When my family moved to Israel from Cleveland more than 20 years ago, on many Saturday mornings during the winter, I would take my two daughters, who were 5 and 6 years old when we arrived in the country, to the Mediterranean beach at Herzliya. The beach is about a 15-minute drive from our Tel Aviv suburb, and when the sea was rough, I always found it particularly beautiful.
The coastline north of Tel Aviv is lined with cliffs that set the suburbs north of the city off from the shoreline. There is a particularly beautiful stretch of the Herzliya beach, where there is a Crusader fortress built in 1241 on a bluff. The archaeology there pales by comparison to sites in Jerusalem and Caesarea and in the Cleveland Jewish community’s sister city of Beit Shean, but it’s right down the road from us. And just next to the fortress at a spectacular site overlooking the sea is the Sidna Ali mosque, which was built in 1481 and is still in use. Herzliya is also home to one of Israel’s most important high-tech centers, where Microsoft, Apple and other local and global companies have offices.
I am still drawn to the Herzliya shoreline on regular jogs for its beautiful beach and interesting mix of modern and ancient. I was therefore particularly upset by the recent news about an oil spill off Israel’s shoreline that littered 100 miles of the country’s Mediterranean coast with tar. The source of the spill is not entirely clear, but the assumption is that it came from an oil tanker in international waters.
Pictures from the mishap have included an oil-covered turtle and the carcass of a year-old 55-foot-long whale that it is believed was killed by the slick. Marine biologists have found that the turtles can be cleaned with vegetable oil and can be nursed back to health by feeding them mayonnaise.
Prior to my jog that weekend, I walked down a path from the Sidna Ali mosque to the beach itself, not knowing what I would find. It was late in the morning and, although the news of the ecological disaster had just broken, there was an army of volunteers there painstakingly picking up small pieces of tar. Close to the water, I saw no tar at all, perhaps because it had already been collected. In hindsight, there must have still been a lot of it closer to the cliffs. I spoke to one volunteer who showed me a piece of tar and said he was finding it in every corner. If the source of the spill is determined, I hope those responsible are put in jail.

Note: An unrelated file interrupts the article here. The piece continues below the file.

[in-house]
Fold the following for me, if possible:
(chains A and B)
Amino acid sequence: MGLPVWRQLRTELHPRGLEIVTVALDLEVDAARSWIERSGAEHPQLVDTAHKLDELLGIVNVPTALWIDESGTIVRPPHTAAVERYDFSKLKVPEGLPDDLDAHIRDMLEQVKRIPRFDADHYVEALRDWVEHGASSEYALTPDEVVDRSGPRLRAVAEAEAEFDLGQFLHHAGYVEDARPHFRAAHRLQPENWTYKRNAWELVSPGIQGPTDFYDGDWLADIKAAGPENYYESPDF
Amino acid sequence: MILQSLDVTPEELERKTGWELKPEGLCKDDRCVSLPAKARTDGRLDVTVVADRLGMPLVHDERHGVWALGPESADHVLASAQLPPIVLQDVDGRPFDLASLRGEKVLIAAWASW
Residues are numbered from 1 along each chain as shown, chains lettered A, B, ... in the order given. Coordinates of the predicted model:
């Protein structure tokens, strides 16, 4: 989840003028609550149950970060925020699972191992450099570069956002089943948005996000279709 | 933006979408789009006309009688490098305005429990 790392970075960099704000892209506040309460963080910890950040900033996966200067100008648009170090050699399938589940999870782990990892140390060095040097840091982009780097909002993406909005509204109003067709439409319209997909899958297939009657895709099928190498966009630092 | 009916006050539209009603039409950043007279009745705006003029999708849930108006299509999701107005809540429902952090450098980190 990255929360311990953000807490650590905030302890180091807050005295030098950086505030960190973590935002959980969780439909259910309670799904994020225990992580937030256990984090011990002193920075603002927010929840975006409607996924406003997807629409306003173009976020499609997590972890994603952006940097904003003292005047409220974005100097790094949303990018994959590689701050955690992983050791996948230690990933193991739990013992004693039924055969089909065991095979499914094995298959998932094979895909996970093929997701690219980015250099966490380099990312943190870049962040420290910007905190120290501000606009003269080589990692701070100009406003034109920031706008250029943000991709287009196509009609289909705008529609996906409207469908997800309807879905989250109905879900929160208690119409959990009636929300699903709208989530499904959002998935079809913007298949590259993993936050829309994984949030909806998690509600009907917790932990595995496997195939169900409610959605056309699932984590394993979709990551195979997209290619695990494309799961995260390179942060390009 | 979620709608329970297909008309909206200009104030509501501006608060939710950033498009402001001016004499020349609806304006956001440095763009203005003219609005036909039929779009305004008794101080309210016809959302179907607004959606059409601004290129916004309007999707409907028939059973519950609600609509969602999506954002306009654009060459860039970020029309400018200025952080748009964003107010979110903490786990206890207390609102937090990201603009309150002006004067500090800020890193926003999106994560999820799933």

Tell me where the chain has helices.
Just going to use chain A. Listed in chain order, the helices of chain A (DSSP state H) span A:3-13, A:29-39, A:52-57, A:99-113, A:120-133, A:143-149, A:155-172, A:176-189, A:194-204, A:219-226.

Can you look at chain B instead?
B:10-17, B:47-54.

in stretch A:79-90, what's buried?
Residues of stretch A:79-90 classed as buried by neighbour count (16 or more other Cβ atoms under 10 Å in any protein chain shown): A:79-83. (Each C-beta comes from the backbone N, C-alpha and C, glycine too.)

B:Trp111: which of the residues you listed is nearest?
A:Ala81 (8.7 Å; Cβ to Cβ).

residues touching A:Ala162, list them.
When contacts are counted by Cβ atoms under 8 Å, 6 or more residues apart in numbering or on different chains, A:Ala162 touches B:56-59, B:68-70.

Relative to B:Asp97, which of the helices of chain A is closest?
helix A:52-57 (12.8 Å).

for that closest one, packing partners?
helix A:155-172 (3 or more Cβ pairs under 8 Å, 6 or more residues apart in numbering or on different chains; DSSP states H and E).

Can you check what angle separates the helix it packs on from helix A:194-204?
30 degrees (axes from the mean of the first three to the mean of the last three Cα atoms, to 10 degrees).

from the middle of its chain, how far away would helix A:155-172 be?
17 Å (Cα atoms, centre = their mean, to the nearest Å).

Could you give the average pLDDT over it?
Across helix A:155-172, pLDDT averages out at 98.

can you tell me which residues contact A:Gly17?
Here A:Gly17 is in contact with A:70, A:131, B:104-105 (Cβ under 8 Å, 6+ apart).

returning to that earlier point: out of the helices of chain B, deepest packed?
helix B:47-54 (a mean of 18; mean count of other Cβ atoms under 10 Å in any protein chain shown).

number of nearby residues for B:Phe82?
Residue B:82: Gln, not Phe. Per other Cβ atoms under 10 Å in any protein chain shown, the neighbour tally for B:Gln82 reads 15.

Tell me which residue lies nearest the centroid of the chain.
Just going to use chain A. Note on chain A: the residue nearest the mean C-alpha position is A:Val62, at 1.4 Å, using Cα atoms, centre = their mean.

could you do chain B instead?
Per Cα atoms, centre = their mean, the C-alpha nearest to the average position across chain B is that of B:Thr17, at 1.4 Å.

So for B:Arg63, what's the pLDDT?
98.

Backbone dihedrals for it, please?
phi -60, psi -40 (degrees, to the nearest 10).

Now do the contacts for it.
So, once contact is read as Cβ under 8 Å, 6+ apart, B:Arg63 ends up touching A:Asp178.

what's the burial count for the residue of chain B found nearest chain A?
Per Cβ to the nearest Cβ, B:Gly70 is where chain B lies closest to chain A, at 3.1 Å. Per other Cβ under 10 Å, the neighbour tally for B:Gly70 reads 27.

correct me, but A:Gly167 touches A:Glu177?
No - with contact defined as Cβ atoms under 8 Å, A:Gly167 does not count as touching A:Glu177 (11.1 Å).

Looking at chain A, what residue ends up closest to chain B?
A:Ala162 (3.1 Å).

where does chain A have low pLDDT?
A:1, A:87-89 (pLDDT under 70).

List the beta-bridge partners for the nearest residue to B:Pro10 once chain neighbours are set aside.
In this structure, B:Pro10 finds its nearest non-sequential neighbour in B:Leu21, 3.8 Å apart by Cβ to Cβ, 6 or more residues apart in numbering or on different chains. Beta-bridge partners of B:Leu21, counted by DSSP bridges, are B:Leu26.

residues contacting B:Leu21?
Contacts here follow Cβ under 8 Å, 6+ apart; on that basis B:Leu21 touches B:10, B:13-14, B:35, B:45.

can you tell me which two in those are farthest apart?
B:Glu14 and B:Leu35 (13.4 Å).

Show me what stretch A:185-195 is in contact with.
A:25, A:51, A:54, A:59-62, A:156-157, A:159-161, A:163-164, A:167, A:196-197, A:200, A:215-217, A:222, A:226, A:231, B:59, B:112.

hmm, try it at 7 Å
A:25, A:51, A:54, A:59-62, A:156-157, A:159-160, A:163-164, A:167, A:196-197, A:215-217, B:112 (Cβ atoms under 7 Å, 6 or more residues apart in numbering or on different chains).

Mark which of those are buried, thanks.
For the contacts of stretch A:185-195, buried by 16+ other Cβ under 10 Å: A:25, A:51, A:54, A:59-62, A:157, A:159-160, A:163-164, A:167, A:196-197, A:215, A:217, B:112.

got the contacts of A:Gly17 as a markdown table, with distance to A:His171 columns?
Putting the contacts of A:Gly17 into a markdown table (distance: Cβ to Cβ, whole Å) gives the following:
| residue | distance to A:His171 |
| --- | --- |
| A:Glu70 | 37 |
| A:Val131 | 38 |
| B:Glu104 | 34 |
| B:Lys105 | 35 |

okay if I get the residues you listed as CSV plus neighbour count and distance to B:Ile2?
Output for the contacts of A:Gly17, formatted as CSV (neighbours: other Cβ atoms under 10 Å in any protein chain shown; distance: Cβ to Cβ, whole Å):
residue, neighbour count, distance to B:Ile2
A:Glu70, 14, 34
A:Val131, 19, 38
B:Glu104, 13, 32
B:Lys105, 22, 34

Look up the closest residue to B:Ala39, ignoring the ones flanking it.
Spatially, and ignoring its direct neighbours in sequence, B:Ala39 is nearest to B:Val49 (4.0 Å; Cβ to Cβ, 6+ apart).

The Zionist movement had an ecological bent long before the environment became a major issue in much of the world. One of the first tasks the movement addressed through Jewish National Fund was reclaiming the land and planting forests.
As a teenager visiting from Cleveland, I recall going to the Herzliya beach, and there was always tar from oil tankers on the beach. When we left the beach, we dipped our feet into troughs of what I assume was kerosene or gasoline to get the tar off.
I’m not sure how healthy that was, but it’s a reminder, that for all the shock over the current pollution, the maritime law that subsequently outlawed the dumping of oil has vastly improved Israel’s beaches. Marine biologists may see the effects of the recent spill for years to come, but thanks to the volunteers, at least to the untrained eye, Israel’s beaches will be as beautiful as always.
Cliff Savren is a former Clevelander who covers the Middle East for the Cleveland and Columbus Jewish News from Ra’anana, Israel. To read more of Savren’s columns, visit cjn.org/savren.